I couldn't read the article in the Financial TImes, but I can read the second article in the Wall Street Journal. It discusses what the possible actual infection rate in the US is - assuming the virus arrived in the US via Chinese tourists on or around January 15 and a then spreading throughout most of the USA doubling every three to four days. It states that thousands of visitors from Wuhan were in the US in mid December and early January. It does not give a reference for this statement
As a result there are people sugesting the death rate is not 1% or 2% or 4%, but possibly as low as 0.01% maybe even less than a severe influeza epidemic. Note Germany's current death rate with agressive contact identification and isolation,
The argument has been previously raised in Britain also - that we tolerate certain death rates daily - we kill over 33,000 annually so that the rest of us can drive around freely whenever we want. As society, we have jointly accepted that ~33,000 folks die prematurely every year in the USA alone, and over 2 million are seriously injured, so that the rest of us can drive to work, drive to stores, bars, shopping centers, or across the US for vacation. It seems unlikely we are gling to reverse that choice any time in the near future. Maybe we should, but I doubt it will get voter acceptance.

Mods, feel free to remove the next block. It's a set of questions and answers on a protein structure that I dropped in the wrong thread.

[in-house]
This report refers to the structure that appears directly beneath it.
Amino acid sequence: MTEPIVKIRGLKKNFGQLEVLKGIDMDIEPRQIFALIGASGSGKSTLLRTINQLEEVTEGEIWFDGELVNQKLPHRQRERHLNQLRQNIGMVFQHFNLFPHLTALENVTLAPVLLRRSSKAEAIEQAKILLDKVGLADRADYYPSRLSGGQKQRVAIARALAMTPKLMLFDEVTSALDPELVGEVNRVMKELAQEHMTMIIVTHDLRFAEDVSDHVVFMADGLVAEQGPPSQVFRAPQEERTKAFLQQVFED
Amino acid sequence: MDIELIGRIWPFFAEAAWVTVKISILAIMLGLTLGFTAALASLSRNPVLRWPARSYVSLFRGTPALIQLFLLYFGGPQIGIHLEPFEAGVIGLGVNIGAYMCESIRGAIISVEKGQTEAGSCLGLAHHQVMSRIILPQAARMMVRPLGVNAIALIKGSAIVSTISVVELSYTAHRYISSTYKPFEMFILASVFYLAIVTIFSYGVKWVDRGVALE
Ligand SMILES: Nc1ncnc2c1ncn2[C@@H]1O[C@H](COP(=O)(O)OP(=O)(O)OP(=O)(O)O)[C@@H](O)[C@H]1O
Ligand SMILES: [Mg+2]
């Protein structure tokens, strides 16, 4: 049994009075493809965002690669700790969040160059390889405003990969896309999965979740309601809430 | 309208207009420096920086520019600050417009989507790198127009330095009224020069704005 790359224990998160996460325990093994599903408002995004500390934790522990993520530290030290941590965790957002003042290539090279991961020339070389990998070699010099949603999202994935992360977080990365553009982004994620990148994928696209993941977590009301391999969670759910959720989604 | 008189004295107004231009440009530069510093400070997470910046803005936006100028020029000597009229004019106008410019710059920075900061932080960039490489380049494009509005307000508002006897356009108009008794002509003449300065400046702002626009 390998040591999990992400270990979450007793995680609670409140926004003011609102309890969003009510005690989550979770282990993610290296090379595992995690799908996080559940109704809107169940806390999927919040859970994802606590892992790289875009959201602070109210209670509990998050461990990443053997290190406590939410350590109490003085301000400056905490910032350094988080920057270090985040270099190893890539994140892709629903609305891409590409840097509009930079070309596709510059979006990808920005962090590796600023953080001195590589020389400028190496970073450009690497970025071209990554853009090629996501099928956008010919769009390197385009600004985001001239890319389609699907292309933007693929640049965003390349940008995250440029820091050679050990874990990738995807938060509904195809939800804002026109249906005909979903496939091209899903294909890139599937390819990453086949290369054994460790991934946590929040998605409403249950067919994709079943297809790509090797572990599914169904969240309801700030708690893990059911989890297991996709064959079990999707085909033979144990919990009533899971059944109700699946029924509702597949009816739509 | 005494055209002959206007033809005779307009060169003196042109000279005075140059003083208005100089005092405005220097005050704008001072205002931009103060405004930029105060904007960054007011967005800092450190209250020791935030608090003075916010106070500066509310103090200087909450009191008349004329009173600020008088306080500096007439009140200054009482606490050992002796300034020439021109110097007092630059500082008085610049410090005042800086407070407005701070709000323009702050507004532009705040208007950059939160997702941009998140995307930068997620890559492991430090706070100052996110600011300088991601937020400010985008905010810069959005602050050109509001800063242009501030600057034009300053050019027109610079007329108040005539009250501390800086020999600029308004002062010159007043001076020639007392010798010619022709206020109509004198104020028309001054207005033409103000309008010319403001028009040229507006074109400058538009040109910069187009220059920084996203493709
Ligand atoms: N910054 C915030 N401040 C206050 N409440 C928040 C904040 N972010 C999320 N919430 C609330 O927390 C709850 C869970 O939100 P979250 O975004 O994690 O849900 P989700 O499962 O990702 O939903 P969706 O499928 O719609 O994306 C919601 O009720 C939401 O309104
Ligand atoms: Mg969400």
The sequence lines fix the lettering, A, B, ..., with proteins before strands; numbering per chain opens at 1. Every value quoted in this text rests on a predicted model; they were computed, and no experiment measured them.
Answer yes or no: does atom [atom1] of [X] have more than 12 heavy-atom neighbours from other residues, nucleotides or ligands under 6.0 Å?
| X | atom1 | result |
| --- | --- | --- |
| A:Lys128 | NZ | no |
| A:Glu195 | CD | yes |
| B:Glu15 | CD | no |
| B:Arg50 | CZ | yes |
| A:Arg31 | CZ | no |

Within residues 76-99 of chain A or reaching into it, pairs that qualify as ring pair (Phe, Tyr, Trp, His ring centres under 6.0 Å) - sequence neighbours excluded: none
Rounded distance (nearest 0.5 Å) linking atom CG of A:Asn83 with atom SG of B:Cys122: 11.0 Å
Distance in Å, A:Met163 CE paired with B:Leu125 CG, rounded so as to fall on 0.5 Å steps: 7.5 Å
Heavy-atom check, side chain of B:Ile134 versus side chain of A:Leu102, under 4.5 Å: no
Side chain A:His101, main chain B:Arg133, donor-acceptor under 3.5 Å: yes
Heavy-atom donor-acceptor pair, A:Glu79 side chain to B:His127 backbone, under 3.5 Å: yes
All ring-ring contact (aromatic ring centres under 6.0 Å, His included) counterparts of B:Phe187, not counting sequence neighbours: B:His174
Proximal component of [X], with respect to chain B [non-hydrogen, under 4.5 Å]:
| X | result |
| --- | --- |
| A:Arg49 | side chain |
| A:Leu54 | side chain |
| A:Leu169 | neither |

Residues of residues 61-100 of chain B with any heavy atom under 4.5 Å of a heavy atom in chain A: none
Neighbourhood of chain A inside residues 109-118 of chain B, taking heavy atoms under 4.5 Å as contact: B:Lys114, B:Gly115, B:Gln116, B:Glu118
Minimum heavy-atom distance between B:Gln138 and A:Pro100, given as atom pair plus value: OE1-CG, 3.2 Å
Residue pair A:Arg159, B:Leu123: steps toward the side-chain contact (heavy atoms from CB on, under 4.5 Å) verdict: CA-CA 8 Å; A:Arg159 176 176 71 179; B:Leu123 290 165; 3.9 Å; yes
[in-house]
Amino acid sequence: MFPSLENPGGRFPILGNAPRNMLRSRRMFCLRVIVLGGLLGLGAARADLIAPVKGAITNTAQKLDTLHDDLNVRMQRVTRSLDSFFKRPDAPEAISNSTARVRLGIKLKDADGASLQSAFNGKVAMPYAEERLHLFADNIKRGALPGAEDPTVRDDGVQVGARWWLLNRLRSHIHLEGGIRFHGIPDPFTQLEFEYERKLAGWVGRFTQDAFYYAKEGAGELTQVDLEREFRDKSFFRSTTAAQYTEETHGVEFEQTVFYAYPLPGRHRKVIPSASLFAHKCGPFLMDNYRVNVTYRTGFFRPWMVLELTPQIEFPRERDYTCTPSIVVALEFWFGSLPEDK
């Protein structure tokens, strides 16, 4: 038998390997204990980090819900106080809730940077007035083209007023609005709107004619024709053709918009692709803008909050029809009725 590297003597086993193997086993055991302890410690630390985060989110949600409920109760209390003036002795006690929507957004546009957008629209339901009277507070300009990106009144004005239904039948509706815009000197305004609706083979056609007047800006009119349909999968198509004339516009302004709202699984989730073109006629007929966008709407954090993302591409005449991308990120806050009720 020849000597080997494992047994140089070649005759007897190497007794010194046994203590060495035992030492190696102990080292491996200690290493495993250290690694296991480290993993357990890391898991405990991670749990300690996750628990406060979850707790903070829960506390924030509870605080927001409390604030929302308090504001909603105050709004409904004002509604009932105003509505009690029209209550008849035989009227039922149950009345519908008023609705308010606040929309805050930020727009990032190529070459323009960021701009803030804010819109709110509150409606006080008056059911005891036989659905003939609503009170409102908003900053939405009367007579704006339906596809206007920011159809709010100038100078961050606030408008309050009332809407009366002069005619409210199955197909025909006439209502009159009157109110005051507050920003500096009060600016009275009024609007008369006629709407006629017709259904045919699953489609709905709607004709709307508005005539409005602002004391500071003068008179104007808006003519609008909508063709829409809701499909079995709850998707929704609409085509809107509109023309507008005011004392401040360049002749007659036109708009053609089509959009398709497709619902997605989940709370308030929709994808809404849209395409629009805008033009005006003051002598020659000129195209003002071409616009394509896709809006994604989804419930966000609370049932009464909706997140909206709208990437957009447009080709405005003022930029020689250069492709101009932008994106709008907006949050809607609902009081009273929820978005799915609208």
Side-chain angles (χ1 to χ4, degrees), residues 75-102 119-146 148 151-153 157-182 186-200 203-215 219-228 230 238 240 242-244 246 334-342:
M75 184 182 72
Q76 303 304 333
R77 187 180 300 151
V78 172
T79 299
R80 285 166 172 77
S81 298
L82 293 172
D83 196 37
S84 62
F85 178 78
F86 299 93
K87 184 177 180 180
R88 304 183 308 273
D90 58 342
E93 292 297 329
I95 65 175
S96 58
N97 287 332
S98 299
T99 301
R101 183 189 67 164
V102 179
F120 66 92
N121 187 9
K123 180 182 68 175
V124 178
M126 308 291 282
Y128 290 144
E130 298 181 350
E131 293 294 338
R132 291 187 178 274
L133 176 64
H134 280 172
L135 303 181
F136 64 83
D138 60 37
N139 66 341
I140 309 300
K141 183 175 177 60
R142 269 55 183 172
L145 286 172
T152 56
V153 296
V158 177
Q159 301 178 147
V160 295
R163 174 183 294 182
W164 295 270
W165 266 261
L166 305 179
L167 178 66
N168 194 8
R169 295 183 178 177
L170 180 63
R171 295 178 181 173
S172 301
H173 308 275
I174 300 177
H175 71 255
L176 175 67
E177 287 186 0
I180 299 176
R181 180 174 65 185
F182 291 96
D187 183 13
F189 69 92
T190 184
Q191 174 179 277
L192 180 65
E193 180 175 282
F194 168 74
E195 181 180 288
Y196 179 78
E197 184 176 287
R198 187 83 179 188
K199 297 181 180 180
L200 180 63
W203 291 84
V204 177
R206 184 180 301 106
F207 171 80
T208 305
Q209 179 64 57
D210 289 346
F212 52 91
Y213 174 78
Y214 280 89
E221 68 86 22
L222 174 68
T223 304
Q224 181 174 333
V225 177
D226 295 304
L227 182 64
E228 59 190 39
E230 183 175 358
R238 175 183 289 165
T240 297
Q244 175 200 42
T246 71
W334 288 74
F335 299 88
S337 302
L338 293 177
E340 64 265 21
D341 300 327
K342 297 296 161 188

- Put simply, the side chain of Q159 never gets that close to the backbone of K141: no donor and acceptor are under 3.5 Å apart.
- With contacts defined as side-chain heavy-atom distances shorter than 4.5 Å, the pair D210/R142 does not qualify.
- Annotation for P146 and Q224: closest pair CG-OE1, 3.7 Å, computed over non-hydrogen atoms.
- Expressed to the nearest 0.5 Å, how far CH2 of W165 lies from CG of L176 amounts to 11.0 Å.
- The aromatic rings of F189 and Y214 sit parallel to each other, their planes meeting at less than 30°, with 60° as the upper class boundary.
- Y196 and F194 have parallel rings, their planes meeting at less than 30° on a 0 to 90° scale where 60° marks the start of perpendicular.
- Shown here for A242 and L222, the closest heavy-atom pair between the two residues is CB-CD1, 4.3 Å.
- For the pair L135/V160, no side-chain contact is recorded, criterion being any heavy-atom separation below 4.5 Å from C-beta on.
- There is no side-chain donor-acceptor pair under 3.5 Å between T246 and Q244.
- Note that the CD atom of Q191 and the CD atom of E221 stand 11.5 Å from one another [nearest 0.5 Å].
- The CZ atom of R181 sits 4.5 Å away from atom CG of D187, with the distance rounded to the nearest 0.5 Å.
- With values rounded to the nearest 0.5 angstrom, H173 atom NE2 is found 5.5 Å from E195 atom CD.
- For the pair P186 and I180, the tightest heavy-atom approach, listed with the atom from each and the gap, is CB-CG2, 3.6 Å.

The Texas Lt Governor was even more discerning - he went so far as to suggest grandparents ought to be willing to volunteer exploring the other side of life ( ie; die) so most folks ( the rest of us ) can continue to work and go about their daily activities and avoid an economic debacle. How genteel! He suggested 98% will survive - why that would only kill about 6.8 million people in the USA alone. ( 2% of 340 million ) Voters might not be pleased by that even if it is only grandma.....
Politicians are always very fearful of economic debacles - they lead to voter rejections at the voting booth, revolutions, and, sometimes, guillotines, in France. Those sort of things focus politician's attention.
Interesting, when I search for the economic consequences of the 1918 Spanish flu, I do not sem to find a depression, but a decade of very high economic activity in the 1920s.....WHat happened there??
Ultimately, the question really does come down to what are the risks, and what are the costs of the pandemic. Unfortunately, RIGHT NOW, we, and our leaders across the world, don't really have a great answer to both of those questions.
How long will we need stay in place? If you stay in place and do not get infected while hiding, when can you rejoin the outside world safely. Two weeks or 4 months or .... And what will your fate be. You may still meet the Corona virus somewhere.
There is a lot of hope that warmer sunshine and warmer air, along with the accompanying higher Vitamin D levels will slow this Corona scourge down - but I have my doubts. Ask an Ozzie, perhaps or a Kiwi.
Unless a cure or a vaccine emerges quckly, we may all, each of us, have to face this virus. Or go bankrupt if we don't have another income source.....